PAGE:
Before the pay matrix and cuts were approved by the fire board, fire fighters suffered an eight percent pay cut since 2007, when a reported five percent base pay cut was implemented and an additional three percent was tacked on by FRS.
Joshi stated another financial "overarching issue" involved the current pay system being "unfair" and "inequitable."
"It's very top-heavy. It's created an unhealthy work force," he said.
Union Lawyer Mark Floyd of Mierzwa & Associates discussed the five articles carried to impasse. Union decided to accept the special magistrate proposals, including some PPL and overtime articles, but holiday pay (reduced from 12 to 10 hours) and the pay matrix was another story.
"This pay matrix cannot stand," said Floyd. "We agree there is a need for reductions.
Other savings methods should involve a cost reduction in capital outlay (equipment; management budgeted for a 10 percent increase, but only a four percent increase was needed) and staffing changes (minimizing staffing from 14 to 11 fire fighters)," says Floyd.
Pay equity was another issue. An experienced fire fighter/paramedic should not be paid the same as a newcomer to the District. The pay matrix shows inequity in wages, and the impact was reflected by a list that Union highlighted.
"One fire fighter loses more than $36,000 in base pay. Another fire fighter suffered an additional 38.65 percent in pay," said Floyd. "Another employee gets a 3.81 percent pay increase. It makes no sense whatsoever.
'Morale in this department will plummet. You will become a training ground. As soon as employees can find a better job, they're gone."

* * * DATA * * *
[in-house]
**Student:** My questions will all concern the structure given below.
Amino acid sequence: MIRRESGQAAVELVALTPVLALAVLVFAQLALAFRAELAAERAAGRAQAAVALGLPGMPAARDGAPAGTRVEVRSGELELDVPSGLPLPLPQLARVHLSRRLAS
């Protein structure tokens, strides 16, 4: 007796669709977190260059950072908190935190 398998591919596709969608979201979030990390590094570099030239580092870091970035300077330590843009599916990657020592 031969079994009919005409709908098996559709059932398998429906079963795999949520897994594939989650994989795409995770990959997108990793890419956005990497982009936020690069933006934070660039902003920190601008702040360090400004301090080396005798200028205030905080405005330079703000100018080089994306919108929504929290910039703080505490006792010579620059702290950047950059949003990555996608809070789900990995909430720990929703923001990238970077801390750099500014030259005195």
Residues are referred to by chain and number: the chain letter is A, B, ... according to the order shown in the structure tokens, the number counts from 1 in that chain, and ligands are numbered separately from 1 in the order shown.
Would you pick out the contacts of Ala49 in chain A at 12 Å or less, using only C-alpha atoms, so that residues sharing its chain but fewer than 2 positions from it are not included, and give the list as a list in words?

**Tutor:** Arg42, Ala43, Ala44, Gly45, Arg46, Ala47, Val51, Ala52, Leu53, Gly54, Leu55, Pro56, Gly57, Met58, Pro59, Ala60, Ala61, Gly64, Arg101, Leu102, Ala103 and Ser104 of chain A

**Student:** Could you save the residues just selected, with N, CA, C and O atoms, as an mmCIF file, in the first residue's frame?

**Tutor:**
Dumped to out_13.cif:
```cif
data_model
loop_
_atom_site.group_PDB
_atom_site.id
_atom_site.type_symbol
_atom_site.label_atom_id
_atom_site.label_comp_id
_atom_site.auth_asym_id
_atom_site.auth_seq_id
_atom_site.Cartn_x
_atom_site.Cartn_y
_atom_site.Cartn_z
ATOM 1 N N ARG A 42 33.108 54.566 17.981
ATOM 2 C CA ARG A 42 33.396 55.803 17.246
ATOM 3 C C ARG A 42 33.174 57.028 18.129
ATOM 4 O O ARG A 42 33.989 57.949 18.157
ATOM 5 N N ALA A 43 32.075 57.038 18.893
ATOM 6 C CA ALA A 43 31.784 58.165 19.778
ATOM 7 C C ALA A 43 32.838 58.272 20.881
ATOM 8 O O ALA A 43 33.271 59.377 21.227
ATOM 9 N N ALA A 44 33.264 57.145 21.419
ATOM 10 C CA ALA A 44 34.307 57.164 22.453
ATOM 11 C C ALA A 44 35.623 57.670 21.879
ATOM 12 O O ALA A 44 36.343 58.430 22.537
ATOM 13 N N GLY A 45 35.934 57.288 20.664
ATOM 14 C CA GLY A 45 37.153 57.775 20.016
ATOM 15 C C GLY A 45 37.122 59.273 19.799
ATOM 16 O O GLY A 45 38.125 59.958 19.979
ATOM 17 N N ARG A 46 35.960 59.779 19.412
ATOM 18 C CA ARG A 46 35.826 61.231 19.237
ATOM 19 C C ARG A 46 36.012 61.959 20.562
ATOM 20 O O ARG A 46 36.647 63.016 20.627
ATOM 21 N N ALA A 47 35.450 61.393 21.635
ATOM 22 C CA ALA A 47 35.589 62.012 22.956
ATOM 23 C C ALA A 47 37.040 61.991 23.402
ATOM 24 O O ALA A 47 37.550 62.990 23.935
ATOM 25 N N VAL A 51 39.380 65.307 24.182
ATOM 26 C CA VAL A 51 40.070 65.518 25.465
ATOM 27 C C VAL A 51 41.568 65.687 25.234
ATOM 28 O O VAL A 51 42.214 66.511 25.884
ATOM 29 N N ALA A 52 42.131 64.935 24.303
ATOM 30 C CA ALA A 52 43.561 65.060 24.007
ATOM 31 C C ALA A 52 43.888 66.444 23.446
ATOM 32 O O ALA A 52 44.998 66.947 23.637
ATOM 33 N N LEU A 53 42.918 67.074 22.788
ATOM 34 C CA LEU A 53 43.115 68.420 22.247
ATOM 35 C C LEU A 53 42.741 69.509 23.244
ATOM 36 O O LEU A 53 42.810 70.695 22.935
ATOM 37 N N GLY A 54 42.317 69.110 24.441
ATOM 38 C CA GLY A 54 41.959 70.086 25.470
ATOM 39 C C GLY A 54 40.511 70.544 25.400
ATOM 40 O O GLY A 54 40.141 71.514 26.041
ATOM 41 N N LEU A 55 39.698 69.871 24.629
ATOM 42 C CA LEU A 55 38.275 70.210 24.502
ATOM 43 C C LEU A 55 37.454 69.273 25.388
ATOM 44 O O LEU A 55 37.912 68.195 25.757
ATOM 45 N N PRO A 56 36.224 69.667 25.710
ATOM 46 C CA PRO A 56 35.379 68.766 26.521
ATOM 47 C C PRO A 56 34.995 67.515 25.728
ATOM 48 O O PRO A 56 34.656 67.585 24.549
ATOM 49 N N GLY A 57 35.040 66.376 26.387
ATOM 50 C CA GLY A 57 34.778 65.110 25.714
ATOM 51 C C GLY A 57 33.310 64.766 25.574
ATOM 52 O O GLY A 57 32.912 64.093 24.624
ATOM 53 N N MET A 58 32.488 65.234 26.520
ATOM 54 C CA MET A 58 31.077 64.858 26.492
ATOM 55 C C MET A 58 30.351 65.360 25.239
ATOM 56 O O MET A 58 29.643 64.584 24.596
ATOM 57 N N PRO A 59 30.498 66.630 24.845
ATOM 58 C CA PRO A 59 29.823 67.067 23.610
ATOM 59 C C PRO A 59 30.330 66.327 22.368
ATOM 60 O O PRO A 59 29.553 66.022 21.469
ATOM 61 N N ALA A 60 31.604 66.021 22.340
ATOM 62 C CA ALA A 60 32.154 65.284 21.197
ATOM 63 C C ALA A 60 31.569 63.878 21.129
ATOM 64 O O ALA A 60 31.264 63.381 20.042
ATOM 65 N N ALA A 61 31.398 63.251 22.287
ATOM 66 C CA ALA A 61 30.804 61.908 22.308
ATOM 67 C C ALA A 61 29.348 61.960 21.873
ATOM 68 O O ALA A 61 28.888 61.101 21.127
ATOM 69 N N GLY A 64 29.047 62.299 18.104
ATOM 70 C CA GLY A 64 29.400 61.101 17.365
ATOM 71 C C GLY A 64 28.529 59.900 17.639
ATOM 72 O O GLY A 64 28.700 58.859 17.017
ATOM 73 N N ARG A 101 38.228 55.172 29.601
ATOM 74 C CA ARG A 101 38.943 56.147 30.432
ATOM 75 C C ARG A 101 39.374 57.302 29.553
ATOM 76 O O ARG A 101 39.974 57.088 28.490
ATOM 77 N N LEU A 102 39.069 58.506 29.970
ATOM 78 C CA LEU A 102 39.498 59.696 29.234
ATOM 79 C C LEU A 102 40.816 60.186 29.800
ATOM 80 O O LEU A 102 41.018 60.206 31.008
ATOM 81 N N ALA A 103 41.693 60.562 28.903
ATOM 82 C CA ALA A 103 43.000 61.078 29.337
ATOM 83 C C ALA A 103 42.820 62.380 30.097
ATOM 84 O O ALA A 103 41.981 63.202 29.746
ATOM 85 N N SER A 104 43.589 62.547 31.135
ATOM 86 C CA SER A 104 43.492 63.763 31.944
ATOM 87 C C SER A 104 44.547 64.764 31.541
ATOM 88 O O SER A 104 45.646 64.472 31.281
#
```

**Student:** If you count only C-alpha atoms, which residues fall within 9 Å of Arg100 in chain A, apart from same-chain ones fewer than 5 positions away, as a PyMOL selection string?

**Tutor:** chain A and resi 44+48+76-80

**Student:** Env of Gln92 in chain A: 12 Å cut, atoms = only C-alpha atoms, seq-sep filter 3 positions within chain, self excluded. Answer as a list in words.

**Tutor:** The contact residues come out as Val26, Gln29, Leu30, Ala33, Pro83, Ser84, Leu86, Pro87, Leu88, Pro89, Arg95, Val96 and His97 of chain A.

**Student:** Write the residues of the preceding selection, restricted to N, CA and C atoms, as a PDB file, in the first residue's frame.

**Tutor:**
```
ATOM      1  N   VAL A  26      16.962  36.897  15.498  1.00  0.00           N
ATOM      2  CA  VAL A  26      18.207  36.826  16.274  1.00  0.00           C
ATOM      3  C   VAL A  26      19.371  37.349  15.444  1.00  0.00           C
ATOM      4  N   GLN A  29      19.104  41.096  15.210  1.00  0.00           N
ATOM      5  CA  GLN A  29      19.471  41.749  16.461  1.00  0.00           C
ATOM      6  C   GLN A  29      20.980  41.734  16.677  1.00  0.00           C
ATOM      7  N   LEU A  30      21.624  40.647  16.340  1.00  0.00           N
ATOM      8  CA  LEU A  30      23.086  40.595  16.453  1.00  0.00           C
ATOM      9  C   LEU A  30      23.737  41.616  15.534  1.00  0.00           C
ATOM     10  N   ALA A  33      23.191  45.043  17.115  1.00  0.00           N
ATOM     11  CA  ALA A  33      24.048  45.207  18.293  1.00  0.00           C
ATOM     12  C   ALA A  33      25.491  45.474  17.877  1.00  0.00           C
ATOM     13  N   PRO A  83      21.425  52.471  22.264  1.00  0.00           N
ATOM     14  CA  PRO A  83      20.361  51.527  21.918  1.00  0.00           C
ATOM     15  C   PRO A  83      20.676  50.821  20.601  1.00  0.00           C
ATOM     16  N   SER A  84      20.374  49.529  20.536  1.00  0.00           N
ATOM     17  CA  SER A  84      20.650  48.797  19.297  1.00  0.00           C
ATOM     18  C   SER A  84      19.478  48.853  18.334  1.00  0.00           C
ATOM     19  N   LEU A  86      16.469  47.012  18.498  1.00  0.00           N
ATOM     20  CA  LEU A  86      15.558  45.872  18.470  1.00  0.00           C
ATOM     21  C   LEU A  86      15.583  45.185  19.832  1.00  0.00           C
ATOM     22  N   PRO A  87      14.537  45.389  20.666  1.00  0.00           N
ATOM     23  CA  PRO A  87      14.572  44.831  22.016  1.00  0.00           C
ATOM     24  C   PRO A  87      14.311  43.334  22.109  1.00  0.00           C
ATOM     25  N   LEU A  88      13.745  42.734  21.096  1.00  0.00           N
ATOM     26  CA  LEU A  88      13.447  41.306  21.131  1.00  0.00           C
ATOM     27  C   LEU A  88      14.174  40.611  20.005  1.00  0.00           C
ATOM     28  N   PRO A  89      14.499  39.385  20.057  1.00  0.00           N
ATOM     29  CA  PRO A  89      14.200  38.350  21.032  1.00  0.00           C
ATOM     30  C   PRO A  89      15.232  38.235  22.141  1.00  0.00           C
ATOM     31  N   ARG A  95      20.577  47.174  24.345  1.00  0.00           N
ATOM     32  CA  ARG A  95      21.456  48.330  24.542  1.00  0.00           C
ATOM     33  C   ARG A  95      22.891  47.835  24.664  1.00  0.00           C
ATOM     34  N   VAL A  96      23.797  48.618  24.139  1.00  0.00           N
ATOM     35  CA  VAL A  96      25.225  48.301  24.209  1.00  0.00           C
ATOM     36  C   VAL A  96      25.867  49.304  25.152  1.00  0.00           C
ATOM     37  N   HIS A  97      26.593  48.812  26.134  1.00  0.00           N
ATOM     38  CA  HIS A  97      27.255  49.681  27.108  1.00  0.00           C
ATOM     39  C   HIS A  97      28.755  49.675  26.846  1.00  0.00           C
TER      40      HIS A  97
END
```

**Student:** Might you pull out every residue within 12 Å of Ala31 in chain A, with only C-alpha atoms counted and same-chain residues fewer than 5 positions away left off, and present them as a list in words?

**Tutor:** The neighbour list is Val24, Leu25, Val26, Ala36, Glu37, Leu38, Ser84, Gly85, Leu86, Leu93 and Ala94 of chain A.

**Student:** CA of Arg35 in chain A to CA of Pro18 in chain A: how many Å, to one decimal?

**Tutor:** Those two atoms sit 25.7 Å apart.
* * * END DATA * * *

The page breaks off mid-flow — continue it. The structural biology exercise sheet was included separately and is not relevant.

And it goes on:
Beach resident Fran Myers echoed those sentiments during public comment at the fire board meeting Tuesday, May 15.
"My first thought was what will keep our guys here? Will it be our experienced guys that we have known for all these years that will be leaving? Sound like a forced retirement plan for older guys," she said.
Beach Fire employees have been known for their community-minded spirit. Myers encouraged fire board members to witness the events first hand.
"For years, I have seen their commitment to this community. We all have seen them build the haunted house at Bay Oaks for years and the many hours they have put in at the Easter Egg Hunt and the Christmas Spirit of the Holidays. Believe me, you have a lump in your throat when you see those fire trucks roll out to visit every family on this island that is in need," she said. "To tell the public that this department will go bankrupt is just not true. Please re-think your decision."
Floyd called the fire fighter/paramedic experience at the District an "investment" and quoted the special magistrate when he said "it is unreasonable" to implement the proposed pay matrix.
"In the end, this isn't really about money. Management is more concerned about the mindset, then they are about the money," said Floyd. "They want to impose changes, no matter how much money it saves."